I am currently sitting in the surgery consultation room, waiting for the doctor to come inform me of the progress of my mother’s surgery. For the second time in five years, she is getting her kidney operated on to remove cancer. I am waiting to hear how she is and if they took all the kidney this time, or left some. The need for her to be ok, regardless of whether she has only one kidney or one and a partial, is very real.
Aside from the fact that she is 70 years old and I am nearly 48, I still need my mom. While I sit here through this process knowing that my job is to be the rock for her this time, I still want my mom to comfort me. Does this ever stop? Is there a time in one’s life where we reach a certain point and accept the fact that we may be the caregivers instead of the other way around?
I’m comfortable in the role of providing care to others, especially my family, and even more to my own son. I know he needs me, he’s only seven, and still prone to moments of knee-clinging, eye-averting behavior. I know I will roar like the most ferocious beast ever born if push came to shove for his needs.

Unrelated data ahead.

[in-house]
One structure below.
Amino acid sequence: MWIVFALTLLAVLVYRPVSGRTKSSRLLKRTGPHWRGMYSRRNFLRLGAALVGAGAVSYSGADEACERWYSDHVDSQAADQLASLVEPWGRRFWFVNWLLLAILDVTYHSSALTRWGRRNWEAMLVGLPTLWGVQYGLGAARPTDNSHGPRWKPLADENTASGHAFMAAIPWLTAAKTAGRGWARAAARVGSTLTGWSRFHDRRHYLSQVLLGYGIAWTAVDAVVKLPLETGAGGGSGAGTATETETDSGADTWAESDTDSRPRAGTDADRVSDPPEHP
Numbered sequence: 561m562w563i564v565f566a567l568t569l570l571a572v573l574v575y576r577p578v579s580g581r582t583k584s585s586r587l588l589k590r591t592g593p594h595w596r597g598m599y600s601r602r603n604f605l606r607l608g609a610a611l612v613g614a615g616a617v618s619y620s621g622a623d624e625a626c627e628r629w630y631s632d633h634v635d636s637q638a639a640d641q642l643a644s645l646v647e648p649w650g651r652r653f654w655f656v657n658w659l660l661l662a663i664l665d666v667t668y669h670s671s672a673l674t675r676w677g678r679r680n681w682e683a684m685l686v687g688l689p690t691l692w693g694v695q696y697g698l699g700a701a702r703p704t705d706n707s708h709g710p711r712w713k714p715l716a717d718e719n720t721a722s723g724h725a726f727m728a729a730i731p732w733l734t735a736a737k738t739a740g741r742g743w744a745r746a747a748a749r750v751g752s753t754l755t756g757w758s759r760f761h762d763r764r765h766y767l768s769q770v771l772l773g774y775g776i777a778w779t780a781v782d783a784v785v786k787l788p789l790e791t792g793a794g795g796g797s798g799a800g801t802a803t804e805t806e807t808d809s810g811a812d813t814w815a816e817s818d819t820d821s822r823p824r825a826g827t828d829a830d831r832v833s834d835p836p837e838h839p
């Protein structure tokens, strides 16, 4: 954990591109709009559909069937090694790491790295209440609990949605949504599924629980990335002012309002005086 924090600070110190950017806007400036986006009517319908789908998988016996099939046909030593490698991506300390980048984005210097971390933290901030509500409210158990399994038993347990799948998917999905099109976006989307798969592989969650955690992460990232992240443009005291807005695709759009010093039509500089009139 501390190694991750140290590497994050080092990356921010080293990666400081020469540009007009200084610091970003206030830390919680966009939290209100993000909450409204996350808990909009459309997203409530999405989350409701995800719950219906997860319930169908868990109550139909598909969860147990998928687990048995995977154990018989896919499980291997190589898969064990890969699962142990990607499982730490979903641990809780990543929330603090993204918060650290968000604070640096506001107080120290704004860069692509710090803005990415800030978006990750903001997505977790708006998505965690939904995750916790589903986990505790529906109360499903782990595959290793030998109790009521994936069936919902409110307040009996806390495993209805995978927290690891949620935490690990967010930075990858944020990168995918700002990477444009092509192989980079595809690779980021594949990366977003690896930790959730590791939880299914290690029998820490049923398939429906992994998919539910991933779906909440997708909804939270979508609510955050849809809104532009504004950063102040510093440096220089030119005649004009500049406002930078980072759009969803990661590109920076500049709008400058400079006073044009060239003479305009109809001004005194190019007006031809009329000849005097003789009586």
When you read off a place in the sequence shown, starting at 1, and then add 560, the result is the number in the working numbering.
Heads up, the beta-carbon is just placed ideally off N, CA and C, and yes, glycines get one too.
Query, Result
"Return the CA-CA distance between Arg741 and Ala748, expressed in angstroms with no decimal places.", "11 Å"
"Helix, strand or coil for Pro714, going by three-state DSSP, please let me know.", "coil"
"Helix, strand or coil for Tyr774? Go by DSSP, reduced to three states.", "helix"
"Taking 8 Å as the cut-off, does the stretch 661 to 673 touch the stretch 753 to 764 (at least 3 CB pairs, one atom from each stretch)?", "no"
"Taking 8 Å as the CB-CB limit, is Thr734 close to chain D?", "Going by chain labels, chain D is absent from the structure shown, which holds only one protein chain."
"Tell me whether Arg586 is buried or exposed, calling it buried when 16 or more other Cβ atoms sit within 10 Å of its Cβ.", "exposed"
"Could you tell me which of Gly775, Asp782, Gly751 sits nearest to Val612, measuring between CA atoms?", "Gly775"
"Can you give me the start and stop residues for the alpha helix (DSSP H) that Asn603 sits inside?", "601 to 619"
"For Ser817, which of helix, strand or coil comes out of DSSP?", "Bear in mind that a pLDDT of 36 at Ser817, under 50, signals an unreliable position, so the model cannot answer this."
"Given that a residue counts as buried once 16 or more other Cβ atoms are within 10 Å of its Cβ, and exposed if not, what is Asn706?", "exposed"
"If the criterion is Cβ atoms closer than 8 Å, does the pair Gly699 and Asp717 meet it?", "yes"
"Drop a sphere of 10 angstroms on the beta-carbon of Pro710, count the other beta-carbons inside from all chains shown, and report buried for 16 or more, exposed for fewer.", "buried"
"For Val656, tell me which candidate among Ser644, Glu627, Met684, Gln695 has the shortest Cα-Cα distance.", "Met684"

Make no mistake, I will ROAR just like that bestial lioness if my mom needs me to, but my first instinct is to shrink in fear and want someone else to carry the shield. As I type this, I realize I’m only fooling myself if I think I really am strong enough to absorb all this on my own. I need God.
So as I often do, especially in times of turmoil, despair, and uncertainty, I open the bible and find Psalm 18:2. “The Lord is my rock and my fortress and my deliverer, My God, my rock, in whom I take refuge; My shield and the horn of my salvation, my stronghold.”
I knew it in my heart of hearts that someone else was holding the shield for me. I felt too strong for it to be just my own courageousness. Of course God’s got this. Who else could withstand the weight?